The Old Testament Levitical priesthood enjoyed specialization of labor. Some Levites sang while other took care of the buildings and furnishings and other offered sacrifices. Temple worship involved the singing of songs by choirs while the congregation listened or responded with a refrain. The church is the modern priesthood. Peter says "But you are a chosen generation, a royal priesthood, a holy nation, His own special people, that you may proclaim the praises of Him who called you" (I Peter 2:9 nkjv). Paul mentions that the body of the church has different parts and different gifts (I Corinthians.). I have met people who have received amazing musical abilities as gifts from the Lord in the form of beautiful voices or amazing musical dexterity in playing musical instruments. The analogy of scripture, or the principle of consistency, suggests that, just as the use of a group of specially qualified Levites for the task of singing was appropriate under the Old Testament, so too the use of specially gifted members of the modern priesthood, the church, for special music, is also appropriate.

There are two dangers associated with the reformed view of worship. One is that it limits an important tool for bringing people to salvation and for Holy Spirit filling. As we saw above, the psalmist says "He put a new song in my heart, even praise unto our God. Many will see it and fear and trust in the Lord" (Psalms 40:3). Even though all forms of music are not an appropriate vehicle for worship, the last sentence of this passage implies that one important result of public praise and testimony given in an orderly musical form is the salvation of souls. Care should be taken not to limit the Lord's work by restricting the proper use of a means designed to bring people to salvation.

A second danger is that unless this practice is coupled with a warning to abstain from listening at home to any music which contains instruments, it tends to create a division between that which is appropriate at church and that which is appropriate at home. Congregational singing is limited by its very nature to simple songs which the majority of the congregation can sing. Many other styles of music exist which are much more complex and rich, and, at the same time, are pleasing to the Lord. We would call these styles classical or semi-classical music. However, the distinction between good and bad music is one which is not easily determined. Rather, this distinction becomes clear with maturity and wisdom. If a person is not exposed to many different types of good music at church, and, thus, taught, by example, to make such a distinction, church members will end up listening to simple congregational hymns at church and ungodly wild music at home. Since more time is spent at home than at church, music, in the end, will end up having an overall negative impact.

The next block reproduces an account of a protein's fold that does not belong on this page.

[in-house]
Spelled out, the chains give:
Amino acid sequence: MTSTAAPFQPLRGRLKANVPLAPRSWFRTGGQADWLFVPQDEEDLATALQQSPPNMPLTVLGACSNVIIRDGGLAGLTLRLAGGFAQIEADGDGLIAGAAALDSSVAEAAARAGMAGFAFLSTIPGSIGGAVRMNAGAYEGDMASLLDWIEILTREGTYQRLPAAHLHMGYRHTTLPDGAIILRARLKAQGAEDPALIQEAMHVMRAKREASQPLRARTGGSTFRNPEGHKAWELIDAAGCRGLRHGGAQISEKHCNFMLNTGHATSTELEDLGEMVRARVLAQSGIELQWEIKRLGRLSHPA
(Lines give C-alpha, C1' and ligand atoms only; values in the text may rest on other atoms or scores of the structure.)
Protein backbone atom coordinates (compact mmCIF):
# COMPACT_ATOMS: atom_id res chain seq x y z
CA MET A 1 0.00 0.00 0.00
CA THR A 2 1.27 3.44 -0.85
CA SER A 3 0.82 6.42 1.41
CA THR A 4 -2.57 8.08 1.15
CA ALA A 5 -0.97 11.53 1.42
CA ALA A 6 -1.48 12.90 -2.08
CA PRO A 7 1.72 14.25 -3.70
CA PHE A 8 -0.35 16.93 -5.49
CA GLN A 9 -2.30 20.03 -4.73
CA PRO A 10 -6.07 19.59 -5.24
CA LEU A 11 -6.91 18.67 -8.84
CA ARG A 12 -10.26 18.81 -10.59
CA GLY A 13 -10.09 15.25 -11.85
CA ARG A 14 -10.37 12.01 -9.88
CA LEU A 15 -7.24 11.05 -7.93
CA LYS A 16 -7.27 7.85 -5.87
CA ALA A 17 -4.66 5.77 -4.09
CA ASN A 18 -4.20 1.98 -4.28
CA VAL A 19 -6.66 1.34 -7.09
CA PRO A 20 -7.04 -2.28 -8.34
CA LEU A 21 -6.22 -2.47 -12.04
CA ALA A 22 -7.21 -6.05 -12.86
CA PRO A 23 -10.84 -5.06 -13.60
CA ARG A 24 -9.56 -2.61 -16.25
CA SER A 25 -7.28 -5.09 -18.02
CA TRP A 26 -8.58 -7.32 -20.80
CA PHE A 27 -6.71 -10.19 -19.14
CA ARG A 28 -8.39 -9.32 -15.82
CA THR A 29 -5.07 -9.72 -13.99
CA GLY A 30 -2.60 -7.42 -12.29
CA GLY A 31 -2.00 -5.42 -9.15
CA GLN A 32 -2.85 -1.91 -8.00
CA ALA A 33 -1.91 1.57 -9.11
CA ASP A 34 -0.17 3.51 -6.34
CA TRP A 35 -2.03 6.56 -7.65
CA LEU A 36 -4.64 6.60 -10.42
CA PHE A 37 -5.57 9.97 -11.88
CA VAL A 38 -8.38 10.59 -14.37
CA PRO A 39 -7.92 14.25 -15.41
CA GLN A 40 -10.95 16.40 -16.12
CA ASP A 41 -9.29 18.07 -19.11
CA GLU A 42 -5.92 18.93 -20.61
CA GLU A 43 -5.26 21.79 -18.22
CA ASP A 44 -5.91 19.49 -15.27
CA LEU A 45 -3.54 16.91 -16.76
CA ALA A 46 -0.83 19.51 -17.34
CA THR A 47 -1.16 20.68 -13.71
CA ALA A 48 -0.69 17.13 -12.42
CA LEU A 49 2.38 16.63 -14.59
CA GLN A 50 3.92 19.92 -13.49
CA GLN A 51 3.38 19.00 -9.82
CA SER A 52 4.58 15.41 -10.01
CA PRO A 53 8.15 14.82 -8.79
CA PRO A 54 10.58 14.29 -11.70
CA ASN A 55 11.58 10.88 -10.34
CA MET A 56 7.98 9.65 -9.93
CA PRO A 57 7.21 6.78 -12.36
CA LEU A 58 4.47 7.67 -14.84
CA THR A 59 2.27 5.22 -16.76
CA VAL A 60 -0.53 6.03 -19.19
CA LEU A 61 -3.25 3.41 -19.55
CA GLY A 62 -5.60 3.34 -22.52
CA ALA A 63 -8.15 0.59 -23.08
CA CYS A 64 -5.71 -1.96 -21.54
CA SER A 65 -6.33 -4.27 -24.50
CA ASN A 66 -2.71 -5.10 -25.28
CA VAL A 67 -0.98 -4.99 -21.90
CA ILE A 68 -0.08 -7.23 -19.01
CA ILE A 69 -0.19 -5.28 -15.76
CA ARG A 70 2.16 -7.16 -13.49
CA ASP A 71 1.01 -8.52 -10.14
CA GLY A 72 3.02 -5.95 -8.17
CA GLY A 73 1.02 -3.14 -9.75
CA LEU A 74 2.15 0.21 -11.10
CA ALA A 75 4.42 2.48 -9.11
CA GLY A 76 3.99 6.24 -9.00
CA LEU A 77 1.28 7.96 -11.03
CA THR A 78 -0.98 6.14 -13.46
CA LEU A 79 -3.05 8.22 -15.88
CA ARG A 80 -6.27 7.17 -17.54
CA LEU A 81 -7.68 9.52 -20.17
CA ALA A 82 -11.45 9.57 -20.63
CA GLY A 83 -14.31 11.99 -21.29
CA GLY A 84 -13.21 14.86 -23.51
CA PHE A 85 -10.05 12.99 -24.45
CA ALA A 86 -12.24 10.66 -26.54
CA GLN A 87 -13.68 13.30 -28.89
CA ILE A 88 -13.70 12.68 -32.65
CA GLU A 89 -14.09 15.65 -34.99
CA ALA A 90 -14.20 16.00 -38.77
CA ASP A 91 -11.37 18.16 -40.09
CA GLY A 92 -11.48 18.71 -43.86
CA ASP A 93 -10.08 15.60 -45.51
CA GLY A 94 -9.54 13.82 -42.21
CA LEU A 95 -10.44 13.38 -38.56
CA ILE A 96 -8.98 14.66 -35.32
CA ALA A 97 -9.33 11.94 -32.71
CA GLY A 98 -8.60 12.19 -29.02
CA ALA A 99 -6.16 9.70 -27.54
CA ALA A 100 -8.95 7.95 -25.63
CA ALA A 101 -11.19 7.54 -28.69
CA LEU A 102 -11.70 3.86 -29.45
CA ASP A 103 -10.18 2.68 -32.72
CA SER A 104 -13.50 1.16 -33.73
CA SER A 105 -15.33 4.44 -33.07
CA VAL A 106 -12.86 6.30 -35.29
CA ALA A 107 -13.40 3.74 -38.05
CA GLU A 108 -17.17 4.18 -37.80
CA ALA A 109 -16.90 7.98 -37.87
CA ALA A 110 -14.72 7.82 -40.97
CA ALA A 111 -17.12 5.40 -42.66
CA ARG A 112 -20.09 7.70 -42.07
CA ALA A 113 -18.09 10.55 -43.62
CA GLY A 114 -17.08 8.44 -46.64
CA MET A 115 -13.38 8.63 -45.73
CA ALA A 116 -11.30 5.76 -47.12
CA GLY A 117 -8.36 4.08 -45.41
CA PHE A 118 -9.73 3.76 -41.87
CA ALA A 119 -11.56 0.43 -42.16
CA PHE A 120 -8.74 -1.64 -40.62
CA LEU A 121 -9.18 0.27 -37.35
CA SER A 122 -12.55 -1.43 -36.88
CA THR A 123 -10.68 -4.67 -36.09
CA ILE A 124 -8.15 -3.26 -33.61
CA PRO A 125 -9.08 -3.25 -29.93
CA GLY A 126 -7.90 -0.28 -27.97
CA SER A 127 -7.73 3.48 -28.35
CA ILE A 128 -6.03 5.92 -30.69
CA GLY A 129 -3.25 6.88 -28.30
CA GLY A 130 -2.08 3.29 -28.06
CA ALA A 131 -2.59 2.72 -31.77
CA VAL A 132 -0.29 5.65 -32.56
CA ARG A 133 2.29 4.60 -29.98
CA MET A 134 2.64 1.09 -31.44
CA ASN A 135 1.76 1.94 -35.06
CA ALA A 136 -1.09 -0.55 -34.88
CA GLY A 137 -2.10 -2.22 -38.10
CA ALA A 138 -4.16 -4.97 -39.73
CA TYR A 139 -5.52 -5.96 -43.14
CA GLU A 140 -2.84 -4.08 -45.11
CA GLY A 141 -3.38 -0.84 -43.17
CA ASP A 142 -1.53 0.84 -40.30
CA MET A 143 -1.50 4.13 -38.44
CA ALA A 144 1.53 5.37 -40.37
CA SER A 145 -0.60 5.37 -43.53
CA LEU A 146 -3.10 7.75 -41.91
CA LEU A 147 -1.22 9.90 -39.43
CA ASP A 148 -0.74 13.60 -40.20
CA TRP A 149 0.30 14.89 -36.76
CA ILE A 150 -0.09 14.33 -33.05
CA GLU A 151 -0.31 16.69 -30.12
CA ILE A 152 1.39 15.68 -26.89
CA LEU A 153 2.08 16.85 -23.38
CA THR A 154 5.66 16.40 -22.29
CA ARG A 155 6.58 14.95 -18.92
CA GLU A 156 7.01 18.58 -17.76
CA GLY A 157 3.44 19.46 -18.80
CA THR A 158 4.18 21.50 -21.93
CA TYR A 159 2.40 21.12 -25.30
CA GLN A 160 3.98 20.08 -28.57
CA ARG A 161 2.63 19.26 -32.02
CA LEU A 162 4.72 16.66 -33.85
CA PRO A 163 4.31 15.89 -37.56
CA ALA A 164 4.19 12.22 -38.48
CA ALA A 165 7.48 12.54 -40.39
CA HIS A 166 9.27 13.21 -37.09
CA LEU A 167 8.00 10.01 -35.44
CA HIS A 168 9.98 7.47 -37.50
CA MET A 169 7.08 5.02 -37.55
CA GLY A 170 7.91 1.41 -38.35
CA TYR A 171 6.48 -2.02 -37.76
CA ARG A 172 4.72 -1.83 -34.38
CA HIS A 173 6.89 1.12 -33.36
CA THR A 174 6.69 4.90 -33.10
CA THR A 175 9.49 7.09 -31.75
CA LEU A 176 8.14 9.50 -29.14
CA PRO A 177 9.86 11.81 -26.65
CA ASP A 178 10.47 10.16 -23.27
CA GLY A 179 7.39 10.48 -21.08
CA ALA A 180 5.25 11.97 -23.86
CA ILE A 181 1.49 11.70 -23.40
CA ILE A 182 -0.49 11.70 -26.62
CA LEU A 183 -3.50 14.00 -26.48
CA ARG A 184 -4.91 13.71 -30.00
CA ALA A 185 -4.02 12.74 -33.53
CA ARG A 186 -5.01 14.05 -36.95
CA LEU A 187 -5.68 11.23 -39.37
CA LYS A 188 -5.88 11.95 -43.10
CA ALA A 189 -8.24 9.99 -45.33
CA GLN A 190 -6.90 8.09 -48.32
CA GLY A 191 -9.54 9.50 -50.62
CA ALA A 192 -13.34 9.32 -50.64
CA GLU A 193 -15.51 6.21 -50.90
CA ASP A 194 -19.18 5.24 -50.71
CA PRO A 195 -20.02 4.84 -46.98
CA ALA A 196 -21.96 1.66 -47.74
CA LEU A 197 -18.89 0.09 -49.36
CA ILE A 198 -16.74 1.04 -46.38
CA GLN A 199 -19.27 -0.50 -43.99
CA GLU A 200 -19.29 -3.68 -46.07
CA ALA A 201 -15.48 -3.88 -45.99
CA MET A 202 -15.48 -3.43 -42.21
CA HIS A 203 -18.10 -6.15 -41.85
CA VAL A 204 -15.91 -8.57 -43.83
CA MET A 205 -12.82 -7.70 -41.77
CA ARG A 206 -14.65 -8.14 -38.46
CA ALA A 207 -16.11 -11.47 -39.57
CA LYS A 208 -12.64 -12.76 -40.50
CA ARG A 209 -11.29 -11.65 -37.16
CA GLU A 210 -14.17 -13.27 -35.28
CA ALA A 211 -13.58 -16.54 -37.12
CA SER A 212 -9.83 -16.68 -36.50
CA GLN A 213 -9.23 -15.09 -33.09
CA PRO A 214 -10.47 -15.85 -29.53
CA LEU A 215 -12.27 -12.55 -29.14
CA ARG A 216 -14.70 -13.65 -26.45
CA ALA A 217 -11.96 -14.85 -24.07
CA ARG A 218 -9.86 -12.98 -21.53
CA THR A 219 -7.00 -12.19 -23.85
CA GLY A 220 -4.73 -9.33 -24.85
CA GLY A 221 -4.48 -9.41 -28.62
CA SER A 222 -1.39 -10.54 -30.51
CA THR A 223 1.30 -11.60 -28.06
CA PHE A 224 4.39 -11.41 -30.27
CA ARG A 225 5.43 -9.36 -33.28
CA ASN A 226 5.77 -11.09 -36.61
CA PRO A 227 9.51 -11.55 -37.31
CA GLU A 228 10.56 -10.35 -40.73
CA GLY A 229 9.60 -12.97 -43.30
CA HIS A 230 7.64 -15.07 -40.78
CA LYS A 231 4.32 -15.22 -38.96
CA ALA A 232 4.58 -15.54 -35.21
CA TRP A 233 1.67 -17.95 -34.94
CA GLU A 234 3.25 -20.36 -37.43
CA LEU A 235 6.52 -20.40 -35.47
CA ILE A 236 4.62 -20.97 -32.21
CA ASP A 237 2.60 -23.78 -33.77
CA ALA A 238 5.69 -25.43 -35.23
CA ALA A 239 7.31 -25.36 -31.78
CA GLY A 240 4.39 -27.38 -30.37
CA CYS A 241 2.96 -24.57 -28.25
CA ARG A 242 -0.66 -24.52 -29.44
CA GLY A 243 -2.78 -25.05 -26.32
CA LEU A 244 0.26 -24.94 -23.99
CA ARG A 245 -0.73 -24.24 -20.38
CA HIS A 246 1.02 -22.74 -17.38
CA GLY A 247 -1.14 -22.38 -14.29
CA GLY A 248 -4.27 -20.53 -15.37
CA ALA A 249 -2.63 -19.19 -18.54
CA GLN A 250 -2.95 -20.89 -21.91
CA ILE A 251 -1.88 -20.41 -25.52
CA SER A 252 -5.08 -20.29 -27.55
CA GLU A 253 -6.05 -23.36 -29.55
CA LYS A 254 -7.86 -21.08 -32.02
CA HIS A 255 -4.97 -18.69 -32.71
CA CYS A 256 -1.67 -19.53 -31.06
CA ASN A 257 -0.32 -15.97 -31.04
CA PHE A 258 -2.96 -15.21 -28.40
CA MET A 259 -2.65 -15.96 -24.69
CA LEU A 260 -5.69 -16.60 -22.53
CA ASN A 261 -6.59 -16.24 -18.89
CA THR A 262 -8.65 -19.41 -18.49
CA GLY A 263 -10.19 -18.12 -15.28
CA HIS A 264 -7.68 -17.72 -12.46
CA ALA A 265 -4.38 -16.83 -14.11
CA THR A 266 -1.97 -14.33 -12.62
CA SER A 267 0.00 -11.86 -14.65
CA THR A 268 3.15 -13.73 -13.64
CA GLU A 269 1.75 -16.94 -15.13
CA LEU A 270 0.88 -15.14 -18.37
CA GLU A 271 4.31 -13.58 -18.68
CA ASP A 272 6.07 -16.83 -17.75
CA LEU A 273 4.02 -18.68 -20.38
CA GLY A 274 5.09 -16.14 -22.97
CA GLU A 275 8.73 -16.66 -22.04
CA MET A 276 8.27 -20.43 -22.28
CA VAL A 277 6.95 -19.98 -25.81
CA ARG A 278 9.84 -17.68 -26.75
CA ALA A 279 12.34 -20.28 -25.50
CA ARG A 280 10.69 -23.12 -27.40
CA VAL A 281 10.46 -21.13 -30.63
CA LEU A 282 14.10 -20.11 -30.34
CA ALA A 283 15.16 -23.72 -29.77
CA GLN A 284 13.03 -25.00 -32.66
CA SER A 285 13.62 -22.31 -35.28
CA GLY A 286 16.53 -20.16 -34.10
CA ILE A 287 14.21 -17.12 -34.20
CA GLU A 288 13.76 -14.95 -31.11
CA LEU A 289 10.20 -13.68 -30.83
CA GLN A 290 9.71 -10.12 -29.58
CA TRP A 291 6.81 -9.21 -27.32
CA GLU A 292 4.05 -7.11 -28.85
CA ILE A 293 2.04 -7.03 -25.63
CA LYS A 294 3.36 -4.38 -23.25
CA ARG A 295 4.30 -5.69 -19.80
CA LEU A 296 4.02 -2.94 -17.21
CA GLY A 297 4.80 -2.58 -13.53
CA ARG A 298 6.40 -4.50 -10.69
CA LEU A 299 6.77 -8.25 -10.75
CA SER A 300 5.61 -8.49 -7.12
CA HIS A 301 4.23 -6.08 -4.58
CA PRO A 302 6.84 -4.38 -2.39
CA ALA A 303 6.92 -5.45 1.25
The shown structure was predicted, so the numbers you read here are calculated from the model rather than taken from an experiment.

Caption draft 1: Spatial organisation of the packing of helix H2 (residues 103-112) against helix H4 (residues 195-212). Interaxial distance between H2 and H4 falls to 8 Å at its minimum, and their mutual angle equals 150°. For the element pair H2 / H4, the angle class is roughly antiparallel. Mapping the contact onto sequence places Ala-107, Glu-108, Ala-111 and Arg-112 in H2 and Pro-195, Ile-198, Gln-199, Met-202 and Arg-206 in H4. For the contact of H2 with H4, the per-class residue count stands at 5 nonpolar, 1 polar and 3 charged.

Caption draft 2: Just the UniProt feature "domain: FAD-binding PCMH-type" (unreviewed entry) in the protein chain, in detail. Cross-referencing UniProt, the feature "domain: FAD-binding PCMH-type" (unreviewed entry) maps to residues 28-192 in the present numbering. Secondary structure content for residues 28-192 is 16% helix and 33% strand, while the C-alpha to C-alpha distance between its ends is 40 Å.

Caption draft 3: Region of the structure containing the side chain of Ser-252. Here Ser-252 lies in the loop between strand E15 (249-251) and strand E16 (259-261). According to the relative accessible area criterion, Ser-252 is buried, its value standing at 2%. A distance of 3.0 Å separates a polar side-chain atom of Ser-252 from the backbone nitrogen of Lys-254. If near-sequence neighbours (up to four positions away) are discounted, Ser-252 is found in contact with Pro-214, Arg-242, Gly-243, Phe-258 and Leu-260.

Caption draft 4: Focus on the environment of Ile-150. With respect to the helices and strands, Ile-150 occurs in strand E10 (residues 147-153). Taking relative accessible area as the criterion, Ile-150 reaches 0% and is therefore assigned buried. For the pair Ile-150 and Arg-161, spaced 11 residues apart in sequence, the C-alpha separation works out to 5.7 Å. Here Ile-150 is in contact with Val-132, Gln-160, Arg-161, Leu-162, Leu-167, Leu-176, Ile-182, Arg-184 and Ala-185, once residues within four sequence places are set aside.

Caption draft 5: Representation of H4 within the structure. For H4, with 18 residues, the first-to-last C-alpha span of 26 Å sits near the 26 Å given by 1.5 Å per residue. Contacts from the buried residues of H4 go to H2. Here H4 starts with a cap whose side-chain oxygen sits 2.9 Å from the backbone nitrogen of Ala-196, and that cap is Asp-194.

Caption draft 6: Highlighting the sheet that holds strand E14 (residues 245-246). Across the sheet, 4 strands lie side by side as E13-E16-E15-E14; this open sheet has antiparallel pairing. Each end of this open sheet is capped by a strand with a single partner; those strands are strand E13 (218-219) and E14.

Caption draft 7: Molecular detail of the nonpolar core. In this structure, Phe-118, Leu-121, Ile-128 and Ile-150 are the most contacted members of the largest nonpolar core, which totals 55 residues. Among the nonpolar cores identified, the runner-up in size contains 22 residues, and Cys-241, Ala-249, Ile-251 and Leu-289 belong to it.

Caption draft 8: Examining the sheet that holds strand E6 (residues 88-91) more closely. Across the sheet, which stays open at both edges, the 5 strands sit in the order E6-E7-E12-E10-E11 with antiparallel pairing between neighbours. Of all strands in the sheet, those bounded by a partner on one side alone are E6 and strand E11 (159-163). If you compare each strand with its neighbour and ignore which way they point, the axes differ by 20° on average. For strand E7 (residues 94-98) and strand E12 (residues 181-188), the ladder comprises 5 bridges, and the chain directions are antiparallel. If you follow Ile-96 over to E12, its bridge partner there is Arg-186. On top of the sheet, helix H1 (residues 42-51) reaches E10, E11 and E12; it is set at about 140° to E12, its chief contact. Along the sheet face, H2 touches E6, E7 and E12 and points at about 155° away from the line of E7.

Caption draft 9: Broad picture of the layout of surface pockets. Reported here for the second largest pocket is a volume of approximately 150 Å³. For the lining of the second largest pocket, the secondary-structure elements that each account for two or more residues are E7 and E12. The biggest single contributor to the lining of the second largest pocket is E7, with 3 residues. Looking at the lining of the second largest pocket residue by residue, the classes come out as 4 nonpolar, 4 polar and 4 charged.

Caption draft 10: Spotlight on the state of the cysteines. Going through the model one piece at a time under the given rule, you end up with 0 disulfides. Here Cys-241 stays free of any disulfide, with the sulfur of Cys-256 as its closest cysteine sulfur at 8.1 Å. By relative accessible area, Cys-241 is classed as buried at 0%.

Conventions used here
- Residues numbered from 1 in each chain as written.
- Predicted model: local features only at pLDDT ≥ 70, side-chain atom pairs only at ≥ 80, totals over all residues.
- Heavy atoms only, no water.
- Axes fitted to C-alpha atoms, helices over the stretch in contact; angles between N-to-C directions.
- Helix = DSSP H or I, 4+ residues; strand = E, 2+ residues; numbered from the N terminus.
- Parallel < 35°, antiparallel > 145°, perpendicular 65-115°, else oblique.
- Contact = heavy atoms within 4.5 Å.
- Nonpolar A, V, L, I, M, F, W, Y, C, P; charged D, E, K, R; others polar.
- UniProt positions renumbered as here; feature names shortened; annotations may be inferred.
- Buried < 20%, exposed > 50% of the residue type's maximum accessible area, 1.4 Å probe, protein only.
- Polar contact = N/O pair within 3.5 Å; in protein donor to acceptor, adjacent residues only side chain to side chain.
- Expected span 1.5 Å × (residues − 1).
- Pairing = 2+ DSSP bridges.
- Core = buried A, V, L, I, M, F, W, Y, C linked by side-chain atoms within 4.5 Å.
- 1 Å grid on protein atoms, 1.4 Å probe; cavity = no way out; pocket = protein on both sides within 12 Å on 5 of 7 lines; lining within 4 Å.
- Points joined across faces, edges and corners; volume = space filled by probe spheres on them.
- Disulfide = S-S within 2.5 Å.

To summarize, the regulative principle must be applied with wisdom and caution. It is a principle of interpretation designed to combat the excessive ritualism and pomp of the Roman Catholic and Lutheran Churches. Ironically, the principle itself is not clearly stated in the New Testament. In fact, the development of Old Testament worship argues against it. At mount Sinai, shortly after the Exodus, the Lord revealed in very specific detail, the form which Old Testament worship should take. The model for the tabernacle was based on a revealed pattern (Ex. 25:40). This pattern included many specific measurements and details. Nevertheless, the Lord was pleased when David decided to build Him a temple. The temple did not follow the same pattern as the tabernacle and the design of the temple does not seem to have been revealed by God, only its location. It was adapted from the pattern for the tabernacle using human wisdom. For example the tabernacle had one golden lamp stand (Ex. 25:31-40; 40:24) while the temple had ten (I Kings 7:49). This temple is shown to have been accepted by the Lord, since it is clear that His ‘shekinah' glory filled the temple at its dedication (II Chronicles 5:13-14). This glory continued to dwell in it until shortly before the destruction of the temple by the Babylonians. There is a detailed account, found in the book of Ezekiel, which describes how the glory of the Lord left the temple before the fall of Jerusalem. After the Babylonian captivity God commands the Israelites to rebuild the temple. This command sets His direct stamp of approval on this newer form of worship.

This newer form of worship was an adaptation of the earlier form to a time when Israel had matured in it nationhood. Similarly, it seems natural that as the church would grow in numbers and in maturity, that forms of worship and organization which existed only in seed form in the early church, would become more fully developed. The regulative principle is a useful tradition which serves as a valuable tool in deciding whether a practice of the church is in agreement with the Bible. Nevertheless, as with all human traditions, it is important to not let tradition interfere with God's will as revealed in the totality of scripture, nor to let tradition unnecessarily limit the freedom which God has given to His children.